No tactic is too low for Howard. His speciality lies in demonising people, particularly the hopeless. You won’t see any sympathy for Iraq families who have Bush’s goons crashing into their houses in the night, terrorising the occupants and dragging men away who might, or might not be guilty of defending their country. No regrets for the thousands of innocents slaughtered by the military and the mercenary in the streets, in their houses, from the air, and in the gulags. For Howard, talking tough, for whatever political benefit it may bring him, means that refugees are dehumanised, that Aboriginals are threatening to take over 80% of the country, and that trade unionists who fought for justice for the thousands of victims of the James Hardie asbestos industry, are nothing but ‘union thugs’.
Nothing is more expendable for Howard, than the rights of individuals. Thus David Hicks could have rotted forever in Guantanamo Bay without charge, were it not for the political pressure brought to bear on him, finally seen as a threat to his re-election, and the only reason he acted on the issue. An Indian doctor distantly related to some terrorists in England? Never mind a complete lack of evidence, as revealed by the Keystone cops record of interview released by Mohamed Haneef’s lawyer. Never mind selectively leaked and incorrect information designed to influence the Haneef case, such as his SIM card being used to detonate a bomb. Even when all of this duplicity is exposed, Howard’s attack dog, Kevin Andrews, chooses to deport Dr Haneef. Why? Because he’s a foreigner, because he’s a muslim, because Howard sees a political advantage, and because little people with funny names don’t really matter.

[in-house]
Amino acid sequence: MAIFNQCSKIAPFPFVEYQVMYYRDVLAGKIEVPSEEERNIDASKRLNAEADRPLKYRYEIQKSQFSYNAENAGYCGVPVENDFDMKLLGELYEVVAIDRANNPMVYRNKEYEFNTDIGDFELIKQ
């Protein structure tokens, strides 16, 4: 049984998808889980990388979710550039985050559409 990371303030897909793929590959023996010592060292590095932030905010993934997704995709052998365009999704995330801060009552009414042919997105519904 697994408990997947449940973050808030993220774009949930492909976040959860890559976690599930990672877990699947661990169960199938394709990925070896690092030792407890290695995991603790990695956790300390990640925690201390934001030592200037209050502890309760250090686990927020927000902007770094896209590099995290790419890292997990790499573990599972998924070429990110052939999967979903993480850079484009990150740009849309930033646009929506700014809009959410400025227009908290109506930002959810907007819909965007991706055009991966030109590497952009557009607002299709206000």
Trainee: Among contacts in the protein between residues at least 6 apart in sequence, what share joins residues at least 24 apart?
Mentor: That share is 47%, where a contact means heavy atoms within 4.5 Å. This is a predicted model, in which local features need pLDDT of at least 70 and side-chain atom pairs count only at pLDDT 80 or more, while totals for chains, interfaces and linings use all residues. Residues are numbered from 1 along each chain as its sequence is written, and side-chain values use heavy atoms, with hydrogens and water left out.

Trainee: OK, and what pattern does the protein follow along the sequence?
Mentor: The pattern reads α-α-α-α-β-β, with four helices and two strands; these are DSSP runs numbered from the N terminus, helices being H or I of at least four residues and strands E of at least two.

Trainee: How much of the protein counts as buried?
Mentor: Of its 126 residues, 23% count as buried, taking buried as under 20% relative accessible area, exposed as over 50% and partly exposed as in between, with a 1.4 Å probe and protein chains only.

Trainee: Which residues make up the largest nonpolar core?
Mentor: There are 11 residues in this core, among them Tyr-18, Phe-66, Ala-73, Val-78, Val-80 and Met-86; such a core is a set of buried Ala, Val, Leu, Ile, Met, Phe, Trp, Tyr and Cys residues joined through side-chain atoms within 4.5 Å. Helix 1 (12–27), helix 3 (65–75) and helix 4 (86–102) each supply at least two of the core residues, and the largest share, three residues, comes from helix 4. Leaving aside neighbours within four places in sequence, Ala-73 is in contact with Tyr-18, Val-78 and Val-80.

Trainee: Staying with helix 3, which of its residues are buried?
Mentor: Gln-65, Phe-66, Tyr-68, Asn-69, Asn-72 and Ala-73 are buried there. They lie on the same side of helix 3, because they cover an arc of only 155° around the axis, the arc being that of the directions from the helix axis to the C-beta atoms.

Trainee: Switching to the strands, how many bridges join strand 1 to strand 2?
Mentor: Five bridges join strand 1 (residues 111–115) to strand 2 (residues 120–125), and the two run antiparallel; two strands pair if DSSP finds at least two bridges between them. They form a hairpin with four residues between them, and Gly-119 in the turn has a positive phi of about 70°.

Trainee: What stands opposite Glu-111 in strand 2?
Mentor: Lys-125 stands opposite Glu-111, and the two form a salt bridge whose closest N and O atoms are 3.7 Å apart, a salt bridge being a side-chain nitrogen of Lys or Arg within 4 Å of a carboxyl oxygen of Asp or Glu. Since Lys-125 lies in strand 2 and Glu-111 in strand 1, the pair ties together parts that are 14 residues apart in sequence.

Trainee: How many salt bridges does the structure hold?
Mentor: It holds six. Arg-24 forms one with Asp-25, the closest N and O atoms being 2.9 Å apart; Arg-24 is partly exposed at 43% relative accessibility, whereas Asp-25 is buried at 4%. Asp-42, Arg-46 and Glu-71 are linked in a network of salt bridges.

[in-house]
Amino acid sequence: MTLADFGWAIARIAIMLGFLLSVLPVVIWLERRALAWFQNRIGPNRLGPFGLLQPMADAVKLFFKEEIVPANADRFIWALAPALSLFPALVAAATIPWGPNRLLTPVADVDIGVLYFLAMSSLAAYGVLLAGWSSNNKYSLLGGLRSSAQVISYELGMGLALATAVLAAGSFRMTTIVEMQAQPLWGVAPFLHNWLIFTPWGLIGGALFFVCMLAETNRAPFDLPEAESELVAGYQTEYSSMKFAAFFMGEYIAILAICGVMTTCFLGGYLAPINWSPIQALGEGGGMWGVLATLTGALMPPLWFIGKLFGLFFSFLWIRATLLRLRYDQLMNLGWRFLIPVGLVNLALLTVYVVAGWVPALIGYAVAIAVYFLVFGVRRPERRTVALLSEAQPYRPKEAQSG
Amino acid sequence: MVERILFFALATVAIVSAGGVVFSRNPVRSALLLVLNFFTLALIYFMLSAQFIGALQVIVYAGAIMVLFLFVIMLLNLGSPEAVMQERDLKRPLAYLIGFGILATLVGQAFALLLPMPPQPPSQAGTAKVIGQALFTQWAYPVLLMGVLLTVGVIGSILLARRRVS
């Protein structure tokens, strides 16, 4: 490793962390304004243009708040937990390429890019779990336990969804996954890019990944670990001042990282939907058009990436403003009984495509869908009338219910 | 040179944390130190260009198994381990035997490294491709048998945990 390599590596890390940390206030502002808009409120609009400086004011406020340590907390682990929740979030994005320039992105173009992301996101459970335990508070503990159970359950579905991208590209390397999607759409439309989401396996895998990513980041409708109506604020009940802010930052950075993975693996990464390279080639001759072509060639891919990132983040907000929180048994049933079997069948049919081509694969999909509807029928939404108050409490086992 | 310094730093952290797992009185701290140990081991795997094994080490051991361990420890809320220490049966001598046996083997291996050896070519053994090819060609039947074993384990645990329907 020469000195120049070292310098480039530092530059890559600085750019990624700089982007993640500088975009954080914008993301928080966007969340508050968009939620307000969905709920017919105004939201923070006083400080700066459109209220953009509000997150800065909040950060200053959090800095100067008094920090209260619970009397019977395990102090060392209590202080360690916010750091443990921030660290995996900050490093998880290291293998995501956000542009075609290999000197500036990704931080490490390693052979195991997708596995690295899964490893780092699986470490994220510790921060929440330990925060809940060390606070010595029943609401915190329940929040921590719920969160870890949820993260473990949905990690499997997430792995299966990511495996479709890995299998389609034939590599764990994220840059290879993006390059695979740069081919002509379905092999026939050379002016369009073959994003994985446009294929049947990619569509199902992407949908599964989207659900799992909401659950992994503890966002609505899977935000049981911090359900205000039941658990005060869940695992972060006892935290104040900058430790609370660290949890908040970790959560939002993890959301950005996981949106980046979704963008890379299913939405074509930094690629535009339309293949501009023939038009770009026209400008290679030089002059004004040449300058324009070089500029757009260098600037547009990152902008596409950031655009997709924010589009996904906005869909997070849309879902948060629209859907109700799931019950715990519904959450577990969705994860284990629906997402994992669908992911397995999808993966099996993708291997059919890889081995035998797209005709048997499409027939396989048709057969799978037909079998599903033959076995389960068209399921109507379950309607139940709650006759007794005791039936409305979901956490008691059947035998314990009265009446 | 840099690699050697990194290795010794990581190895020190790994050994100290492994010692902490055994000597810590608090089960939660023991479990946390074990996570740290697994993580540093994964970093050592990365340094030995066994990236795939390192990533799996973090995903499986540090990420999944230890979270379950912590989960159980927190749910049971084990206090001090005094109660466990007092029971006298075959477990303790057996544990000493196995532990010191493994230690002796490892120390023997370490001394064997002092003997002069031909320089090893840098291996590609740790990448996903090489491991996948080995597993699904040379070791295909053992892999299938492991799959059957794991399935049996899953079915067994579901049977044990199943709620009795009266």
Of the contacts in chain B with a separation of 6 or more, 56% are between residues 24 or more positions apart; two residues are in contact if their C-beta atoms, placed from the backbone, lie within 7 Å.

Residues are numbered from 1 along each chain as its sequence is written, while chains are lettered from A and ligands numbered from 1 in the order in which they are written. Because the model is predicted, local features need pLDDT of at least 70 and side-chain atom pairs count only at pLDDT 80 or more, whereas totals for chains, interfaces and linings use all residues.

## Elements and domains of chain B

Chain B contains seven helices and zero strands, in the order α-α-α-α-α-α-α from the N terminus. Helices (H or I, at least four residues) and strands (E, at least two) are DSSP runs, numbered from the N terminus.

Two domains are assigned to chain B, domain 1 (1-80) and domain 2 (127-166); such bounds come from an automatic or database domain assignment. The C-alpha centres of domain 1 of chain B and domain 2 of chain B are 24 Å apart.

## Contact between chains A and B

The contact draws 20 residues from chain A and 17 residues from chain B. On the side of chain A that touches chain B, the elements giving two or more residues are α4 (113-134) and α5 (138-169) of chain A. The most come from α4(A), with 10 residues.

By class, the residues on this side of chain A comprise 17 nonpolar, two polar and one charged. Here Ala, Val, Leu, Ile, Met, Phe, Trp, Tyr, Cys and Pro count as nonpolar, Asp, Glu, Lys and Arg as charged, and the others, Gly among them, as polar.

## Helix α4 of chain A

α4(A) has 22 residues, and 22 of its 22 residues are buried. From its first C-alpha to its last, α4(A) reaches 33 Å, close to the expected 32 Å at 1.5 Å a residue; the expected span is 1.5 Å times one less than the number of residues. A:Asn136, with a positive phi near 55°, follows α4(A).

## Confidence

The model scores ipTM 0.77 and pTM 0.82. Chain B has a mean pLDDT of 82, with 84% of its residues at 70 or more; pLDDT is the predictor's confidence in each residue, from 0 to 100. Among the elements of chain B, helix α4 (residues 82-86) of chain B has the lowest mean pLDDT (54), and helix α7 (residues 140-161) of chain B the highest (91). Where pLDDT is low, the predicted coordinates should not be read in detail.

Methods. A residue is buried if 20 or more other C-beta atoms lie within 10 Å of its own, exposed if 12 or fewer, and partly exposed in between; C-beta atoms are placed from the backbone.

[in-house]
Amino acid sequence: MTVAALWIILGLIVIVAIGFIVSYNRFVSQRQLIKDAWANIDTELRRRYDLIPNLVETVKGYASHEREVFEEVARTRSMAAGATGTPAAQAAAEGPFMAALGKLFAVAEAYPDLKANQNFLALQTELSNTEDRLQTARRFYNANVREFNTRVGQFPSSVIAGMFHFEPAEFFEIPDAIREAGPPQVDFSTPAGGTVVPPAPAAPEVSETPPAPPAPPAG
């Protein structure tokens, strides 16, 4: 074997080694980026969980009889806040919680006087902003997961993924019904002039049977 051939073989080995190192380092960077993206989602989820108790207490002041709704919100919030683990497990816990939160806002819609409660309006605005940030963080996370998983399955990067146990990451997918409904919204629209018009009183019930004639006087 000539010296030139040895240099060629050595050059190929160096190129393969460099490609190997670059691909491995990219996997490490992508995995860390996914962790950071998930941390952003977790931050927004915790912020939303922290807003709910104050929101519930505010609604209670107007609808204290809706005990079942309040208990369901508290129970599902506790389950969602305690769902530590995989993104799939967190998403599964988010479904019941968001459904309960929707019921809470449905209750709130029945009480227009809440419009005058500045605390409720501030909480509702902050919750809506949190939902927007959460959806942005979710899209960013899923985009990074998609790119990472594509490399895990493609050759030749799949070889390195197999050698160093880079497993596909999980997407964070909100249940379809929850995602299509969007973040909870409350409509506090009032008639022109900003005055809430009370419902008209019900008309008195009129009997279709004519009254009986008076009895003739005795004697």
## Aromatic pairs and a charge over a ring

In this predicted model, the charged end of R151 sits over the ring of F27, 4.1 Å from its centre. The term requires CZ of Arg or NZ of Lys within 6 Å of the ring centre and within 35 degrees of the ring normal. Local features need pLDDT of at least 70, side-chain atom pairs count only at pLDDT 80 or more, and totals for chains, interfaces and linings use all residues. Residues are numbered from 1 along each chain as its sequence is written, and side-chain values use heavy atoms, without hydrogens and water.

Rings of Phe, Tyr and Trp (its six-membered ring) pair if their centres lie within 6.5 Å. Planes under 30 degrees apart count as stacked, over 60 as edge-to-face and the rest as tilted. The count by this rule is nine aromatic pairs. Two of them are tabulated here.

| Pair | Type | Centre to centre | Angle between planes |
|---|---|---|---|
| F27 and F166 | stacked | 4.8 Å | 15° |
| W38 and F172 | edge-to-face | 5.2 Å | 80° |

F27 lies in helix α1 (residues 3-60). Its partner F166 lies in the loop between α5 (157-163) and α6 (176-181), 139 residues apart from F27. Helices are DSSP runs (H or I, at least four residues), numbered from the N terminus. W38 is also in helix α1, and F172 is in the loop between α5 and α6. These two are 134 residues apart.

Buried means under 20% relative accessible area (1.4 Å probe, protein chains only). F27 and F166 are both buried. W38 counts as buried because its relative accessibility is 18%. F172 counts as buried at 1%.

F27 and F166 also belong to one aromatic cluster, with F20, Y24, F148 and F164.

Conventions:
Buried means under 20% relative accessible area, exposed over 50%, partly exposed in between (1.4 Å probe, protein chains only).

Perhaps Howard’s greatest skill as a politician is reflected in his ability to couch his contempt for the minorities and the oppressed in language which disguises his true prejudices, while striking a chord with those he is targeting. So “We will decide who comes into this country, and the circumstances in which they come..” sounds decidedly more statesman-like than “We will march refugees off at gunpoint, lock them away for years in off-shore islands, and accuse them of throwing their children into the sea.” The real John Howard showed himself, most extraordinarily, at, of all venues, a nationally televised reconciliation conference. Enraged when members of the audience turned their backs on him, principally because of his dismissal of the stolen generations report, and a refusal to say sorry for the suffering of children taken from their parents, Howard lost his temper, waved his clenched fists, and railed at the reconciliation audience in a loud and angry voice. His recent foray into Aboriginal affairs purports to have the interests of Aboriginal people at heart. This subject requires a dedicated blog of its own, but suffice to say, as John Howard has often said of himself “At least people know where I stand.”
Yes we do John. Nothing could be clearer than the way you expressed yourself on that day of reconciliation, before you closed the whole reconciliation process down. May your humiliation be total, your retirement relaxed and comfortable, and may we never lay our eyes on you or your ilk again. Australia deserves better.